Families often support each other through thick and thin. Most families have ideals that more often than not contradict other families’ ideals as well. This can lead to a clash of interests and they can end in a family feud. Throughout history, we have seen and heard of different families that have fought with another family in order to gain popularity or notoriety.
In the middle ages, families of one kingdom would marry another in order to preserve the line but there will always be another family that would interfere and causes trouble to the agreement. There are also tales of love from a rich family and a poor family that is not meant to be. One might seem that it is fictional but it has happened before. But, there will always be that one family feud that has stand the test of time in becoming the longest family feud in history.
The most famous family feud belonged to the Hatfields and the McCoys.
The McCoys suspected that it was Devil Anse Hatfield who murdered Harmon but was later on confirmed to have been sick at the time of the murder. Later on, more suspects came around including their uncle Jim Vance who was also a member of the Logan Wildcats
The Hatfields were natives of West Virginia and have fought for the Confederacy during the American Civil War. Meanwhile, the McCoys were from Ireland and immigrated to Doe Hill, Virginia around 1750. They then settled to the Kentucky side of Tug Fork. The feud first erupted when Asa Harmon McCoy, a returning Union soldier just off from the American Civil war was murdered by a group of former Confederacy soldiers known as the Logan Wildcats. .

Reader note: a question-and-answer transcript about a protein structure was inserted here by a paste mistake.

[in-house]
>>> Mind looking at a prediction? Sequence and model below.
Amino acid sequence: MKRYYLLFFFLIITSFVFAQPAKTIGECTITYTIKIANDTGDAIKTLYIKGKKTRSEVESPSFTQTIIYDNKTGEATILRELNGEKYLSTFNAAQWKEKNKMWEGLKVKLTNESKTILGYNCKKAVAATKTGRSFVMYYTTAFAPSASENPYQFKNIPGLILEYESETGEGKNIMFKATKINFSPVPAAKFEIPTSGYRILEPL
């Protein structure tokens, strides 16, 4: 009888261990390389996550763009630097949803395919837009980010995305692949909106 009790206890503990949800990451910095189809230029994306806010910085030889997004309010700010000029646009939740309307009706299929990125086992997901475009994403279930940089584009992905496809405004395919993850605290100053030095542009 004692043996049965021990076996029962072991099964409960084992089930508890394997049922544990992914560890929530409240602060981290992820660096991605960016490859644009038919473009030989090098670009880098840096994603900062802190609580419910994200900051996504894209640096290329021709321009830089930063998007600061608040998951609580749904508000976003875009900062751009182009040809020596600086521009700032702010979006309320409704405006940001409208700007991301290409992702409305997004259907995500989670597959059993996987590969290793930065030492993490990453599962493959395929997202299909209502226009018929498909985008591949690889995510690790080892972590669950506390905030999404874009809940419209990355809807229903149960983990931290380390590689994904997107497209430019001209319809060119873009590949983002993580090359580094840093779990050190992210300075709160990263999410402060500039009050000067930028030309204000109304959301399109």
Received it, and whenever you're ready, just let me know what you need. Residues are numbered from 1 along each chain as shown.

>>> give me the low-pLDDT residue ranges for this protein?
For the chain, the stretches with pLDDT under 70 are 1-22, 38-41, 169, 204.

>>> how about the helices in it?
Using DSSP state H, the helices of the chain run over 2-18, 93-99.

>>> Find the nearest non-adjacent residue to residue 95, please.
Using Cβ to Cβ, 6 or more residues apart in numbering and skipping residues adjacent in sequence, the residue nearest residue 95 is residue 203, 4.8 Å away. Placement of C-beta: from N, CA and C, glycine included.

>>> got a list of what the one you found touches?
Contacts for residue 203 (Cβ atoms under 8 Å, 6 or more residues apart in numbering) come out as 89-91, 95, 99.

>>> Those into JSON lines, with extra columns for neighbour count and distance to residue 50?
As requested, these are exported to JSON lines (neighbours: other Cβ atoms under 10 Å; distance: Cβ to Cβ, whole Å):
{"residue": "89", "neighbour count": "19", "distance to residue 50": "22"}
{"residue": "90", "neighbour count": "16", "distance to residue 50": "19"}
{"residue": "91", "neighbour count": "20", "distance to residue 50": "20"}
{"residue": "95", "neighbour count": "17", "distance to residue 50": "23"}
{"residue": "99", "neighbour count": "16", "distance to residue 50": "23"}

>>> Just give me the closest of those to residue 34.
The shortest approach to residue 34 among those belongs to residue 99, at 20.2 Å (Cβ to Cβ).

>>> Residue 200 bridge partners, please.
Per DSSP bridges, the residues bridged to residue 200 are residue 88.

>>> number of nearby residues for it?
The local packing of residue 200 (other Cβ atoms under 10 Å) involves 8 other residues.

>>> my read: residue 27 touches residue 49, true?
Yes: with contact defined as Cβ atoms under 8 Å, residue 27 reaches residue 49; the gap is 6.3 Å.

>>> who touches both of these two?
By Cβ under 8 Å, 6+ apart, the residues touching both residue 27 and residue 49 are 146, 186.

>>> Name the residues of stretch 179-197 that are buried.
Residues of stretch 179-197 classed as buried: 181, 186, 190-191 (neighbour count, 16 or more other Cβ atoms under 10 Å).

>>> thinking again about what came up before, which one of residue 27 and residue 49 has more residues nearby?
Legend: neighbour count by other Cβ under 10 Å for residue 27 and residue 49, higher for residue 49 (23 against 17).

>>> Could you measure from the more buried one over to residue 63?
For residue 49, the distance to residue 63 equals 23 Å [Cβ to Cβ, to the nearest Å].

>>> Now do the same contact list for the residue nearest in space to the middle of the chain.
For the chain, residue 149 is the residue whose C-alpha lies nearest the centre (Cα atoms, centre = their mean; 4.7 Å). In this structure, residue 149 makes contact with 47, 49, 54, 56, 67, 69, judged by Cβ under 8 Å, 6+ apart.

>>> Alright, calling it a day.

The family feud continued 13 years later when a disagreement erupted between Floyd Hatfield and Randolph McCoy about the ownership of a hog. The feud further escalated when Roseanna McCoy had a relationship with Johnson Hatfield and left her family to live with the Hatfields.
Roseanna soon returned to the McCoy but Johnson followed her and tried to resume their relationship but he was then arrested. Soon after, Roseanna was pregnant but Johnson already abandoned her for Roseanna’s cousin Nancy McCoy in 1881.
The feud continued in 1882 when Roseanna’s brothers attacked Ellison Hatfield and stabbed him 26 times. The police arrested the brothers but the Hatfields intercepted the transport that carried the brothers to West Virginia. When Ellison finally suspected of his injuries, the three brothers were tied in pawpaw bushes and were killed. The feud ultimately went to a high when Hatfields surrounded the McCoy cabin and riddled their home with bullets.
Randolph McCoy was able to make a run for it but it cost him two of his children and his wife. The remaining McCoys escaped to Pikeville to avoid the raiding parties. Soon after, the people who were suspects of the massacre known as the New Year’s Massacre were captured and imprisoned. One was executed by hanging.
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The execution then led to a sudden abrupt end to the fighting between the families as they have realized that more and more people are bound to die if they continue to fight over.